Born in Raiding, Hungary in 1811, Franz List was a well-known virtuoso pianist and composer. During his career, Liszt wrote hundreds of compositions and invented the symphonic poem. At the age of six or seven, Liszt’s father began teaching Liszt piano lessons, and he appeared in his first concert at the age of nine. Through the assistance of wealthy Hungarian patrons in attendance of the concert, Liszt studied for six years in Vienna and Paris, and also studied with Carl Czerny—a former pupil of Antonio Salieri and Ludwig van Beethoven. Liszt made his debut in Paris in 1824 and received tremendous reviews. He went on to perform many famous concerts, none more notable than for King George IV. These events all occurred in Liszt’s teen years, and the stress and hectic nature of his performances led him to nearly enter the seminary. His parents opposed the move and Liszt continued with his musical career, which spanned seven decades. As a result of his great musical talent, charisma, and good looks, in the 1840’s Liszt was a “rock star”. Liszt also became a very successful composer. His first work was Années de Pèlerinage (Years of Pilgrimage, 1837–1854), which was based on impressions of landscapes and paintings. Liszt was known to use his colored hearing in his orchestral compositions, saying "'O please, gentlemen, a little bluer, if you please! This tone type requires it!' Or: 'That is a deep violet, please, depend on it! Not so rose!' First the orchestra believed Liszt just joked; more later they got accustomed to the fact that the great musician seemed to see colors there, where there were only tones" (Mahling, 1926, p. 230).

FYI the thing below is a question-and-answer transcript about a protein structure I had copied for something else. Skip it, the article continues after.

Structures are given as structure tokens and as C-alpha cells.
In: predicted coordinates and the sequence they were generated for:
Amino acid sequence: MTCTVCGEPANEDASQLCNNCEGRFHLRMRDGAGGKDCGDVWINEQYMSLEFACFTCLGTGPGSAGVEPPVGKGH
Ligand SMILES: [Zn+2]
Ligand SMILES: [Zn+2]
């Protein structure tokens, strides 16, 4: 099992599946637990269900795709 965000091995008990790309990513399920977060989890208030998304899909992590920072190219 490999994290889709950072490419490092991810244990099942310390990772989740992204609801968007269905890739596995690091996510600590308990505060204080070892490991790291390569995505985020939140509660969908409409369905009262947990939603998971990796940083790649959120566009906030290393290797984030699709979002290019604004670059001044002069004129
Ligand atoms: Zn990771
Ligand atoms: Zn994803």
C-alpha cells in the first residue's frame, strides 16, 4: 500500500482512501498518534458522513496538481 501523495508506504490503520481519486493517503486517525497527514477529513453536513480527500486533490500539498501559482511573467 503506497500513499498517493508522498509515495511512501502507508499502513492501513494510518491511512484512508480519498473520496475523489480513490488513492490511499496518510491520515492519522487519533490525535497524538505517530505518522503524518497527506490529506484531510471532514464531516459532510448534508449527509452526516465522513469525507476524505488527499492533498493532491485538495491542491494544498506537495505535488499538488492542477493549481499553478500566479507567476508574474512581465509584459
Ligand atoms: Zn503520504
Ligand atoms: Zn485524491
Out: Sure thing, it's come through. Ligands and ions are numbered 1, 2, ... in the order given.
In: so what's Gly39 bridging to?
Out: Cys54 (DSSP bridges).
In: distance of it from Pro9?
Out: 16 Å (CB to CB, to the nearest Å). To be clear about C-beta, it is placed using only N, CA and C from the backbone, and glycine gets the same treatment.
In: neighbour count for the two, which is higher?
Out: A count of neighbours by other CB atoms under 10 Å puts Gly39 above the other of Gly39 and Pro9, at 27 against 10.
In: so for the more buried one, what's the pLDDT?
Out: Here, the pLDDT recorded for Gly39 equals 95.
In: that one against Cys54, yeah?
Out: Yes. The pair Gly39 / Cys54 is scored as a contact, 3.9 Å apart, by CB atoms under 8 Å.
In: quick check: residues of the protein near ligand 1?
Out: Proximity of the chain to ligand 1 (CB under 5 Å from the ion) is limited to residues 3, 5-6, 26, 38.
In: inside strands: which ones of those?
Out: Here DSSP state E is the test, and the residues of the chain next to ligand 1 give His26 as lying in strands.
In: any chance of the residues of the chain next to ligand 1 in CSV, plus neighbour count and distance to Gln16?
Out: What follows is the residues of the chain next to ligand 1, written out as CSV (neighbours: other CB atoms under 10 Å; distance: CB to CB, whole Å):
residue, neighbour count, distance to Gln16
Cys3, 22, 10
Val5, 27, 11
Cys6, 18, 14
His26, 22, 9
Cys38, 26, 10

Cytowic, R. & Eagleman, D.M. (2009). Wednesday is indigo blue : Discovering the brain of synesthesia. Cambridge, MA: MIT Press.
Mahling, F. (1926). Das Problem der 'Audition colorée: Eine historische-kritische Untersuchung. Archiv für die Gesamte Psychologie. Leipzig: Akademische Verlagsgesellschaft M.B.H.
Waters, E.N. (2003). Franz Liszt. In New catholic encyclopedia (Vol. 8, p. 598-599). Detroit: Gale.